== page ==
I read the 1976 Sphere edition of Conan, a reprint of the Lancer/Ace collection of short stories, that first introduced the UK to the character of Conan.
I picked it up on a whim during a visit to UBU Books in Brighton – a wonderful second-hand bookshop in the Open Market here. Having read and enjoyed the first three of John Norman’s Gor series recently I’m receptive to some sword and sorcery fantasy – especially if it comes without the sense of an imminent degeneration into rather nasty pornography that I got from Norman.
Barring the final story, The City of Skulls, I enjoyed this book. However, when I started, I had no idea of the heavy handed and controversial editing and rewriting work that L Sprague De Camp had done on Howard’s work for these editions of the Conan stories – or even that De Camp/Lin Carter pastiches were included amongst the Howard stories here.
Having noticed their contributions, I read up on it whilst I read the book, and have to say that the critics of Carter and De Camp have a point. Their contributions are noticeably flat footed and pallid when set against Howard’s work.
In particular, the last story, which they co-wrote, I found unpleasant, introducing a race obsession and body fascism I had not noticed in any of Howard’s stories. Howard’s stories are physical, and there are plenty of descriptions of physiques. Conan is also always a noticeably, hulkingly large and strong presence, but that s never the point of the story, as it seems to be in The City of Skulls, and there is not the same sense of others as inadequate or inferior by comparison to Conan in Howard’s work.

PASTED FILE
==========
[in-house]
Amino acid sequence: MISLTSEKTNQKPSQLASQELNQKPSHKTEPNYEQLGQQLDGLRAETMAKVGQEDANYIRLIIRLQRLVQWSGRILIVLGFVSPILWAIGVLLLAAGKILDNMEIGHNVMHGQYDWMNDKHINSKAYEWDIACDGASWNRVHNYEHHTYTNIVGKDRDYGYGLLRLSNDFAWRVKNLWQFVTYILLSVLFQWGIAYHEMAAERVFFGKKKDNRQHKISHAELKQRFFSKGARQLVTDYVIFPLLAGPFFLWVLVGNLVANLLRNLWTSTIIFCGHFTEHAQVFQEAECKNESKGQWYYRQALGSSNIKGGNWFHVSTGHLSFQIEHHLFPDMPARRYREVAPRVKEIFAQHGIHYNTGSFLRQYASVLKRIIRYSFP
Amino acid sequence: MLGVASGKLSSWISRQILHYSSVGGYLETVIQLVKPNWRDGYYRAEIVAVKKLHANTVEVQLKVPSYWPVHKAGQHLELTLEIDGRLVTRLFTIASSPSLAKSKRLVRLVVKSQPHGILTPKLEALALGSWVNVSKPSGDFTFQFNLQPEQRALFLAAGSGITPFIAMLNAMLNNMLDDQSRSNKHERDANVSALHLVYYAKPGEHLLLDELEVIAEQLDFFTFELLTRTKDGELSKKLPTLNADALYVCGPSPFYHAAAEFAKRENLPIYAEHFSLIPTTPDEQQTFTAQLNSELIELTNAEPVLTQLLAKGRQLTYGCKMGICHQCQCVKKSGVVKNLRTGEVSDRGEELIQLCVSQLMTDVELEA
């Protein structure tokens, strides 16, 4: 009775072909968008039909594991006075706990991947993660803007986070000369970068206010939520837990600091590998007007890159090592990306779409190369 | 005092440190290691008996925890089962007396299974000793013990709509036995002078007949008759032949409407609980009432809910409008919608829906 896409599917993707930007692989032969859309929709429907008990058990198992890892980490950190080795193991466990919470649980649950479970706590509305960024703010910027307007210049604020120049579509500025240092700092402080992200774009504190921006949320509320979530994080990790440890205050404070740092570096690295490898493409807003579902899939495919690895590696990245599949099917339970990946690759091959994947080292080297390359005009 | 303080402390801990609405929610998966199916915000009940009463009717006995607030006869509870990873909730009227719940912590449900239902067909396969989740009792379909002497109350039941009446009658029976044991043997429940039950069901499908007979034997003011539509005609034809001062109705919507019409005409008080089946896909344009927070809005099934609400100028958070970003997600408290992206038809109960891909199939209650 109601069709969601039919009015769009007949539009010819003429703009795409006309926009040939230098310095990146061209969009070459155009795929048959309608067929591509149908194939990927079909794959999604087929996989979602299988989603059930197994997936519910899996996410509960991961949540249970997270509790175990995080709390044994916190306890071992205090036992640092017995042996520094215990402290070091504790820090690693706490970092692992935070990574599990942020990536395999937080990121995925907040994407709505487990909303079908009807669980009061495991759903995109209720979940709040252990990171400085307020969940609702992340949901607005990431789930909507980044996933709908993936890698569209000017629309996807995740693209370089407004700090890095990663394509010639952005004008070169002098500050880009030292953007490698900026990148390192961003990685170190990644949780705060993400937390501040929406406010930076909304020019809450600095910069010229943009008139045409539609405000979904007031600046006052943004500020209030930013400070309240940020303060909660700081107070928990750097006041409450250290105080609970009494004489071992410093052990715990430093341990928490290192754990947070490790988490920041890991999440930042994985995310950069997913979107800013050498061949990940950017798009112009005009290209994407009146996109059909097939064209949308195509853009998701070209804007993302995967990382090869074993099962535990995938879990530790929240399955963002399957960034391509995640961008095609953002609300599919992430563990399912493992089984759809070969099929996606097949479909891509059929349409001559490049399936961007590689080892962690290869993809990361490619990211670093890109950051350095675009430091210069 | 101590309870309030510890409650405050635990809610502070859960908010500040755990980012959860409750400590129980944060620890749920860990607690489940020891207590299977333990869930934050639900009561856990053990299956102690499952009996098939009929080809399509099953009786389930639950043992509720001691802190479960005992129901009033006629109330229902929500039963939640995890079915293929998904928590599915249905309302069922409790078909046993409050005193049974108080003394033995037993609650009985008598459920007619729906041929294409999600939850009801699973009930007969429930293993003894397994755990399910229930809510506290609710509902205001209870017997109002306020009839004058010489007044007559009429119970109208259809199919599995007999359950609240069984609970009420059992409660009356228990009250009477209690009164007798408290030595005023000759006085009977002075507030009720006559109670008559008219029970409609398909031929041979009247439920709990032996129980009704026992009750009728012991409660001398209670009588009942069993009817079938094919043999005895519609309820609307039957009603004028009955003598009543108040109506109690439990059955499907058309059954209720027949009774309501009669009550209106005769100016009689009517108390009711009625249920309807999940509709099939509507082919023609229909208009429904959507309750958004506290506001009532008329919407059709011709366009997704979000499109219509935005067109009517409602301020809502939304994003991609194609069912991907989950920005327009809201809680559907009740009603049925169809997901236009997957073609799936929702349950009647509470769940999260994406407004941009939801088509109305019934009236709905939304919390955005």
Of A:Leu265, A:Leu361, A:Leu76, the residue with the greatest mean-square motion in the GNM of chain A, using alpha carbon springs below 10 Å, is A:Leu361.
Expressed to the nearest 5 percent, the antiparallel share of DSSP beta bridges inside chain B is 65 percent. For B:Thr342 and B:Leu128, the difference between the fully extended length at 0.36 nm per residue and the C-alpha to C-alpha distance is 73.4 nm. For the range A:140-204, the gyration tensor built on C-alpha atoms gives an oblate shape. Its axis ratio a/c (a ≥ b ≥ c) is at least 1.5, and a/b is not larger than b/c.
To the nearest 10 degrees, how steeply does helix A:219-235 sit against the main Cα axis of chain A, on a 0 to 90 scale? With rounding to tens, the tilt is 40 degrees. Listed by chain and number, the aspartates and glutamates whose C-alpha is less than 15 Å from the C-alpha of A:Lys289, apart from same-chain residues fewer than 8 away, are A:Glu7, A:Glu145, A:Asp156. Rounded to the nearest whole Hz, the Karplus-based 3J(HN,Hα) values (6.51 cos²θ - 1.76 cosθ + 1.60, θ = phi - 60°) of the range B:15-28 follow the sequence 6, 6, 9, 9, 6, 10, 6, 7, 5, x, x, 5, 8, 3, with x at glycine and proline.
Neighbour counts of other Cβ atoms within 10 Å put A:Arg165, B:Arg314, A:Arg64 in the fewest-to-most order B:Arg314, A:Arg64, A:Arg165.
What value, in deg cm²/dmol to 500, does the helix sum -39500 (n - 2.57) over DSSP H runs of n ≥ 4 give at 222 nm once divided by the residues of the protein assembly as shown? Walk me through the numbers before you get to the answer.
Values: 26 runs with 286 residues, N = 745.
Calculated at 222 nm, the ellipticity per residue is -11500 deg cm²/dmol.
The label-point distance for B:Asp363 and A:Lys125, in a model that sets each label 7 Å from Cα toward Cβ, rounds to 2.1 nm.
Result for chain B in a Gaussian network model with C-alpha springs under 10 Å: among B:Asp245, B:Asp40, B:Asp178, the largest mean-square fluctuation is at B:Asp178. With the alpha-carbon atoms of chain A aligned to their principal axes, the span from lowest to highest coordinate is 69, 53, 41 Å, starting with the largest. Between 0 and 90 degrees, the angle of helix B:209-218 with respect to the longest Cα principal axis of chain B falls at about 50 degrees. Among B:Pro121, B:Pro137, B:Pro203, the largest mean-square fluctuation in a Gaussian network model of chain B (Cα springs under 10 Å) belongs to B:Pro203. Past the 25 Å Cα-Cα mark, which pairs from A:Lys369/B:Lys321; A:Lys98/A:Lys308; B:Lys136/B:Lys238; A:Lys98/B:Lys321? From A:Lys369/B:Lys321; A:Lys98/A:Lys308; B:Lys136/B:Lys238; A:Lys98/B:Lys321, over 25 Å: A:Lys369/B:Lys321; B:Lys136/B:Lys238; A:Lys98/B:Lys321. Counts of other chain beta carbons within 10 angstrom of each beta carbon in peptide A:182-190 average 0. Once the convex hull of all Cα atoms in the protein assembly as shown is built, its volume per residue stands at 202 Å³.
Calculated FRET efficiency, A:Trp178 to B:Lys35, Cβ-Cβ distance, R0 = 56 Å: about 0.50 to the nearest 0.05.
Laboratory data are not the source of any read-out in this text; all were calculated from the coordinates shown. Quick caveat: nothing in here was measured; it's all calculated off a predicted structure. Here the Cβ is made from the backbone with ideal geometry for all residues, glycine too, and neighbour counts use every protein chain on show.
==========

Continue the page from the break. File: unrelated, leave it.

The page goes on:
Contrast to this last story really brings out what is so good in Howard’s stories. In his hands Conan is an interesting character set within dramatic and often puzzling or weird situations. The Tower of the Elephant in this collection is a great example, with the core of the story not Conan’s prowess, but the twist in the tale and its underlying weirdness – a weirdness that really works, putting the reader off balance but in a way that seems to make sense within, and brings out the character of the world Conan inhabits. With Carter and De Camp, Conan becomes something of a superman, moving through a series of action set-pieces to demonstrate it.
On the strength of this evidence, I would probably recommend buying editions of Conan without Carter and De Camp’s work. Nevertheless, I’m heading back to UBU Books to see if they still have the next in the Sphere series – Conan of Cimmeria – for a few reasons. First, and main, Howard writes great, gripping short stories. I did see one review suggesting reading only one a day though, as they are all rather alike in tone – the addition of the pastiches in these editions helps give another layer, interesting as it sets off the strengths of the Howard stories. They are also how Conan was introduced to this country, forming the Conan canon.
Finally the books are nice artefacts in themselves – I’m a sucker for 60s and 70s sci-fi or fantasy paperbacks; they just have a great aesthetic, heightened by their age as objects – and the Frank Frazetta covers of this series are superb.
Robert E Howard wrote gripping, suspenseful short stories, bringing the character of Conan and the primitive, physical and eerie world he inhabits to life. This collection of short stories suffers somewhat from the contributions of L. Sprague De Camp and Lin Carter, but remains an enjoyable introduction to Conan and the Hyborian Age.